TOP 5 Differences in Common Core Language Standards
#5 In high school, language standards are recognized to be moving targets not unchanging edicts.
Three important standards are introduced in the high school that should help students to understand the changing nature of language and the various guidebooks and manuals that that will guide and limit their writing in college and career. The Common Core approach of teaching writing as a craft will help students to adapt their writing as needed to these changing requirements.
9th and 10th grade - Write and edit work so that it conforms to the guidelines in a style manual.
10th and 11th grade - Vary syntax for effect and consult references for guidance as needed.
10th and 11th grade - Apply the understanding that usage is a matter of convention, can change over time, and is sometimes contested.
#4 Vocabulary development is a part of the language standards.
Vocabulary usage and acquisition is the third strand within the language standards. In some previous ELA standards, vocabulary was considered a reading standard. The Common Core Standards view vocabulary as a part of language skills.
#3 Imprecise standards still lead to confusion.
For example, an important standard calls for varying sentence pattern without defining the term pattern. Does this refer to varied structure (simple, compound, complex), varied pattern (NV, NVN, NVNN, NLVA, NLVN), varied style (periodic, cumulative, running), varied openings (phrase, subordinate clause, subject, predicate), or perhaps all of the above.
#2 Language standards should be retaught at every grade-level in ever greater complexity.
This means that teachers cannot focus on the grade specific standards in isolation but must instead weave the new grade-level content into a greater understanding of previous years’ standards. Here is the direct quote from the introduction to the Common Core language arts standards.
Students advancing through the grades are expected to meet each year’s grade-specific standards and retain or further develop skills and understandings mastered in preceding grades. Beginning in grade 3, skills and understandings that are particularly likely to require continued attention in higher grades as they are applied to increasingly sophisticated writing and speaking are marked with an asterisk.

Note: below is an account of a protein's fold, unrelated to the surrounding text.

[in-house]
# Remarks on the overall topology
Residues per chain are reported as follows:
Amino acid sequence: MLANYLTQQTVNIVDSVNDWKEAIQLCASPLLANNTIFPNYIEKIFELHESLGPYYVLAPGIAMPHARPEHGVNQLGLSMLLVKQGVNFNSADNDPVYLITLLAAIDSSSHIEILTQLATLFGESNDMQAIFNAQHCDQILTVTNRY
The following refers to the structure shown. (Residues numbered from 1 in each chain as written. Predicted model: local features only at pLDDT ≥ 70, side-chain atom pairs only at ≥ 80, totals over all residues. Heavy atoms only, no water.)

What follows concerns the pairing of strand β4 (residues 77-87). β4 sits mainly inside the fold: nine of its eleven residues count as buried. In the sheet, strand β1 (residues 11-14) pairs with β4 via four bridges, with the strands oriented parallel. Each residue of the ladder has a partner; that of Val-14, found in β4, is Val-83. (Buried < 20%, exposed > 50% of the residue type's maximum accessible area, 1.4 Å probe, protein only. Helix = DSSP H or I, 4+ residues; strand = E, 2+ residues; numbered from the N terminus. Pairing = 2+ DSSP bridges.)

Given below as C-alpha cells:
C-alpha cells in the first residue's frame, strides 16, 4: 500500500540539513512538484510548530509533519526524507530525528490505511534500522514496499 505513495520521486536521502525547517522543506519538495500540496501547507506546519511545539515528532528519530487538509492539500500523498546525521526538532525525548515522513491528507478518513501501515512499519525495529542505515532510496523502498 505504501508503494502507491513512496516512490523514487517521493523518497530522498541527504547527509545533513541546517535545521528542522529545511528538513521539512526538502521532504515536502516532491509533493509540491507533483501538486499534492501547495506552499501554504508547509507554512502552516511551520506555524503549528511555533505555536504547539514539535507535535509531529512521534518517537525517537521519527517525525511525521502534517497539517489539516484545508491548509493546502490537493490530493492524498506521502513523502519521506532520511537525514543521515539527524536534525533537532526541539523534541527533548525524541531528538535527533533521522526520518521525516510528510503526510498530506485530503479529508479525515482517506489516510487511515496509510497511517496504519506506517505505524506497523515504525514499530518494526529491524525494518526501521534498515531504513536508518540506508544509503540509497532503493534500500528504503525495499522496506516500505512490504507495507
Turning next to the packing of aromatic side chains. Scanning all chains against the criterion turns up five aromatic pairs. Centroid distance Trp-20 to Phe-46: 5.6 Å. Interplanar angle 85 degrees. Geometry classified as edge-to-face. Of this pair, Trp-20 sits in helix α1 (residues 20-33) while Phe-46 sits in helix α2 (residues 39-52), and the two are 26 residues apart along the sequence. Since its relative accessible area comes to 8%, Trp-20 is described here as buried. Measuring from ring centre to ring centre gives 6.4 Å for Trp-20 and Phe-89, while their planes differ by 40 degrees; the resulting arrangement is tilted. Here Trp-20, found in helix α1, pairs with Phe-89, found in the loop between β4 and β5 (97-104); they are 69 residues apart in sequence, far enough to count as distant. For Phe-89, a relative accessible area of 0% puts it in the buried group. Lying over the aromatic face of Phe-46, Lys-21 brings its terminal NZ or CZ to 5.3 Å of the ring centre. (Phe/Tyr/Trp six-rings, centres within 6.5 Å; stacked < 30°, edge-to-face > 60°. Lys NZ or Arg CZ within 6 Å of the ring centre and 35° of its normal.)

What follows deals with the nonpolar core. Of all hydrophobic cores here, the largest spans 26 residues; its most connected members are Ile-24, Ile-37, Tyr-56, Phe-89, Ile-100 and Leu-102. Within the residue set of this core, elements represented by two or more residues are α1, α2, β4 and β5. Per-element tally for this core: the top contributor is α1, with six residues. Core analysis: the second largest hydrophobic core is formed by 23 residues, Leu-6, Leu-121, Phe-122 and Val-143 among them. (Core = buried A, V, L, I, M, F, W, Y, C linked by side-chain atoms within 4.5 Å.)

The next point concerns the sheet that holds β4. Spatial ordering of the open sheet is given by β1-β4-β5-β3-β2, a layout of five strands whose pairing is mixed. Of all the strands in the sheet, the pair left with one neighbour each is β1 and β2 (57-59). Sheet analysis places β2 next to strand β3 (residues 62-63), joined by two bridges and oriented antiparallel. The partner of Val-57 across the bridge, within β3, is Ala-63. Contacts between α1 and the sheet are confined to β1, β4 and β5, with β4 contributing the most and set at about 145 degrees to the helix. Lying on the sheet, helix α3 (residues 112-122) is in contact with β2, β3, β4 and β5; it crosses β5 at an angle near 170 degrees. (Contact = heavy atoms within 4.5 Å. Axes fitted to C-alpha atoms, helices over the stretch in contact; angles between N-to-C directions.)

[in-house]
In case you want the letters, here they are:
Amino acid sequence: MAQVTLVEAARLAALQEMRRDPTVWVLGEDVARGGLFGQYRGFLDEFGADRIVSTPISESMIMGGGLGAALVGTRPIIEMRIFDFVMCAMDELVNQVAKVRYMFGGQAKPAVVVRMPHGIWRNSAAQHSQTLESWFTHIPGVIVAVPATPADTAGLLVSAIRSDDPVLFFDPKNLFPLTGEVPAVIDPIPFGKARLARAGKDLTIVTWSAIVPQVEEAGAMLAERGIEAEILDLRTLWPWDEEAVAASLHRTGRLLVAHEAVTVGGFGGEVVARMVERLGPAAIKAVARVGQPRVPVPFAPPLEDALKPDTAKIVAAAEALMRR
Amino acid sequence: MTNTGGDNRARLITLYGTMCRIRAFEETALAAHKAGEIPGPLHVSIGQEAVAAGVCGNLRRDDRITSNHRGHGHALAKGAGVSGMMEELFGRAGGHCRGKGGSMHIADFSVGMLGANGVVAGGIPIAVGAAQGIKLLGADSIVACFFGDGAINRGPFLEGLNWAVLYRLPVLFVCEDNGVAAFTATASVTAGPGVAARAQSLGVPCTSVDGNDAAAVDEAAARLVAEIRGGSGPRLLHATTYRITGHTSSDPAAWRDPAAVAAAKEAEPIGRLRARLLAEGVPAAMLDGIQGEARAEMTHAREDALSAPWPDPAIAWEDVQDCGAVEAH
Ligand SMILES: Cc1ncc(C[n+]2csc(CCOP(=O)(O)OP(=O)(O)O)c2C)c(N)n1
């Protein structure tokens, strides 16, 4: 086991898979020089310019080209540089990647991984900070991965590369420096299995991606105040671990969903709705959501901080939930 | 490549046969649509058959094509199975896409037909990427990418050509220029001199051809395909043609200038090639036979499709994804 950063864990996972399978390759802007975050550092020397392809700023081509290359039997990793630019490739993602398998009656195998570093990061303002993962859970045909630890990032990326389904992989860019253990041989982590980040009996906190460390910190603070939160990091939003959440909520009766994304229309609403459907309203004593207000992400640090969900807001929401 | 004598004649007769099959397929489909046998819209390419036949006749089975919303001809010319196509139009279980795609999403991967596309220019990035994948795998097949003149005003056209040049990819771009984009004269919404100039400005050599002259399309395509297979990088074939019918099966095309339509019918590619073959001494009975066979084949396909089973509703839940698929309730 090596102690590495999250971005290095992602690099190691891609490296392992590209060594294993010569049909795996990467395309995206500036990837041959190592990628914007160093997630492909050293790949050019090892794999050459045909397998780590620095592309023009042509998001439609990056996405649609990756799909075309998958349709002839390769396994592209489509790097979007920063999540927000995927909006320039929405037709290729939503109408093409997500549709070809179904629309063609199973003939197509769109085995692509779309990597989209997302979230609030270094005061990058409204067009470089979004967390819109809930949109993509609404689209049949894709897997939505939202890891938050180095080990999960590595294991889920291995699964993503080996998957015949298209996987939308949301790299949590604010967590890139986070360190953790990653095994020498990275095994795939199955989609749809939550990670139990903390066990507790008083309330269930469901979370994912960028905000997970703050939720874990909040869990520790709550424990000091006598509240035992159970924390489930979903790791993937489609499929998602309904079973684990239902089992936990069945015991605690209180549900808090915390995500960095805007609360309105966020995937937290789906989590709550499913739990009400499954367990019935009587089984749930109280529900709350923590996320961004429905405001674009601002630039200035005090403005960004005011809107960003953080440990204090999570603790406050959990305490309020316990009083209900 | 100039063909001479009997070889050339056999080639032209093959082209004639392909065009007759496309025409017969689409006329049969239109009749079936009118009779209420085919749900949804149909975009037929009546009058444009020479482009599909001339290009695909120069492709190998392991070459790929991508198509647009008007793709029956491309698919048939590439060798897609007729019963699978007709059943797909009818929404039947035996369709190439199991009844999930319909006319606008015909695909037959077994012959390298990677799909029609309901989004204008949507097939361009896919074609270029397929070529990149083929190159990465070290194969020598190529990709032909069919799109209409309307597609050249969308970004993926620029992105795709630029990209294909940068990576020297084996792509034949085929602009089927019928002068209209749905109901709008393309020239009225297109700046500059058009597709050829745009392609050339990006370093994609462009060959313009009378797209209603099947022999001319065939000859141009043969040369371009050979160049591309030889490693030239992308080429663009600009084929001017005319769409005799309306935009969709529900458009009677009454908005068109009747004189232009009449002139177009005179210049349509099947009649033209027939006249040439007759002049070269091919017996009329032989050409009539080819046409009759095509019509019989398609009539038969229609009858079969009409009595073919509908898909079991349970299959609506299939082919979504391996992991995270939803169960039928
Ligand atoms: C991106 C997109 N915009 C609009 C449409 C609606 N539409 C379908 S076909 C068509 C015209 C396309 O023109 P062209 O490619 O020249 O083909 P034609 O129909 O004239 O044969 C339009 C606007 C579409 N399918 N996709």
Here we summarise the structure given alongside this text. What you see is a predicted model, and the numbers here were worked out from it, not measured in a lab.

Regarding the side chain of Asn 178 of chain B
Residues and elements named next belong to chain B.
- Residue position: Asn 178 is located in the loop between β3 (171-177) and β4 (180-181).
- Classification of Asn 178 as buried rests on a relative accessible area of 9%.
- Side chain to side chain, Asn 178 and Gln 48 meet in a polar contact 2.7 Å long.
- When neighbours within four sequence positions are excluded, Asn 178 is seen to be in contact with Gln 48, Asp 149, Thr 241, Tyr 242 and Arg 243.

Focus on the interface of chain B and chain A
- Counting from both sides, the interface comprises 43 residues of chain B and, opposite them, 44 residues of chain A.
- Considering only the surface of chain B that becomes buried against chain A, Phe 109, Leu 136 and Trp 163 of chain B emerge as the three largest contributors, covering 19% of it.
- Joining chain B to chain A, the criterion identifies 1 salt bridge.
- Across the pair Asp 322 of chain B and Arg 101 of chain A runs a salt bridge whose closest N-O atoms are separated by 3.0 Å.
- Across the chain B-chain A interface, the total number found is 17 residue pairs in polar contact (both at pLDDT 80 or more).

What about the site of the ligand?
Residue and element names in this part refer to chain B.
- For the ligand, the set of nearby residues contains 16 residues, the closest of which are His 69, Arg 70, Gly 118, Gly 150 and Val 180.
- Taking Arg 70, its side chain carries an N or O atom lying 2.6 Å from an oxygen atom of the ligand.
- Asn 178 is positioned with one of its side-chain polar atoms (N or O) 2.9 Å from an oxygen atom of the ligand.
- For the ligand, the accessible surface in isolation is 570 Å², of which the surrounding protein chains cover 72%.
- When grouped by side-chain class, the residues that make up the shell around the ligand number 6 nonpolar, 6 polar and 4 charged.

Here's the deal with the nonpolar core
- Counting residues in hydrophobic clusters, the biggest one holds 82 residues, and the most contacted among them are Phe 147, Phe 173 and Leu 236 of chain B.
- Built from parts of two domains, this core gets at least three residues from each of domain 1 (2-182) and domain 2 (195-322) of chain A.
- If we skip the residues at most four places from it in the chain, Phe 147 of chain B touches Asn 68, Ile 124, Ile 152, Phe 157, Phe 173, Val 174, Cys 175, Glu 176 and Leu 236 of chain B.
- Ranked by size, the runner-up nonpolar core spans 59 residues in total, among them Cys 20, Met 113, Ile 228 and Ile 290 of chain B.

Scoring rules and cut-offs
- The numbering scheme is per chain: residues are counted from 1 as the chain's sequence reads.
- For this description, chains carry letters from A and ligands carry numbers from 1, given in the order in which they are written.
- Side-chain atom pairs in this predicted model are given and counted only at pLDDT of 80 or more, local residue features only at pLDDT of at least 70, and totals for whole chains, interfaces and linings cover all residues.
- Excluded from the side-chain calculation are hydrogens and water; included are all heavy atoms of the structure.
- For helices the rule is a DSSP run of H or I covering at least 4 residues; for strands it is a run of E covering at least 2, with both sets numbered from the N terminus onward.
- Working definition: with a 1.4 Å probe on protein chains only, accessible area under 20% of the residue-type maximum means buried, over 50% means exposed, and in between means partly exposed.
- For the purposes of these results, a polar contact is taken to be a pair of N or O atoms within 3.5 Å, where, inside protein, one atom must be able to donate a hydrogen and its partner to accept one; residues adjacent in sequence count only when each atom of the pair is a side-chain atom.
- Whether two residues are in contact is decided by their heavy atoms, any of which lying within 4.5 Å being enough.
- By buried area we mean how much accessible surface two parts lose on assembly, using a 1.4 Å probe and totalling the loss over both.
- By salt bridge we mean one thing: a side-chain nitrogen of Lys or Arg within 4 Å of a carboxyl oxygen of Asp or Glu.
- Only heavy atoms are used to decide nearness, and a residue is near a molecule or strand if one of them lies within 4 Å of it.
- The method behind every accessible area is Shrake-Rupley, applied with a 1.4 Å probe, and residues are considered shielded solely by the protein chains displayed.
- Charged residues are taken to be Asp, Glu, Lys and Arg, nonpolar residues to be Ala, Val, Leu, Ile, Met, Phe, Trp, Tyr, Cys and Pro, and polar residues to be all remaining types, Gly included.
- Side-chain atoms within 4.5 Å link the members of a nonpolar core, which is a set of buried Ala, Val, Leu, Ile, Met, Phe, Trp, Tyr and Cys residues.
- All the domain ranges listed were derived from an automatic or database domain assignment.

#1 Students should be focused on the why of language in addition to the what.
The language standards represent a subtle but noticeable change in philosophy towards viewing writing as a craft. This in turn means that grammar, usage, and mechanics cannot be treated as isolated, esoteric pursuits. Instead, they must be taught as tools of the writing craft. Take for example the key standard, “Vary sentence patterns for meaning, reader/listener interest, and style.” This standard is introduced in the 6th grade and is marked as being a standard that is particularly likely to need revisiting through the 10th grade. Students in this new paradigm cannot stop at being able to identify a particular pattern, or at being able produce each pattern, but must be able to choose which pattern would be most effective. This implies that students must know why a particular pattern is advantageous. Here is a quote from the introduction to the Common Core under the sub-heading, Key Features of the Standards for Language.
The Language standards include the essential “rules” of standard written and spoken English, but they also approach language as a matter of craft and informed choice among alternatives.
Many standards include wording about choosing (rather than just using) this or that grammatical structure for a particular effect. Theoretically, students should be able to explain why they selected a particular construction. Whether these standards can be accurately assessed by standardized tests remains to be seen. Regardless of whether accurate measurement of progress in these standards can be achieved, exposing students to the reasons why grammar is important can only enhance their motivation to learn it.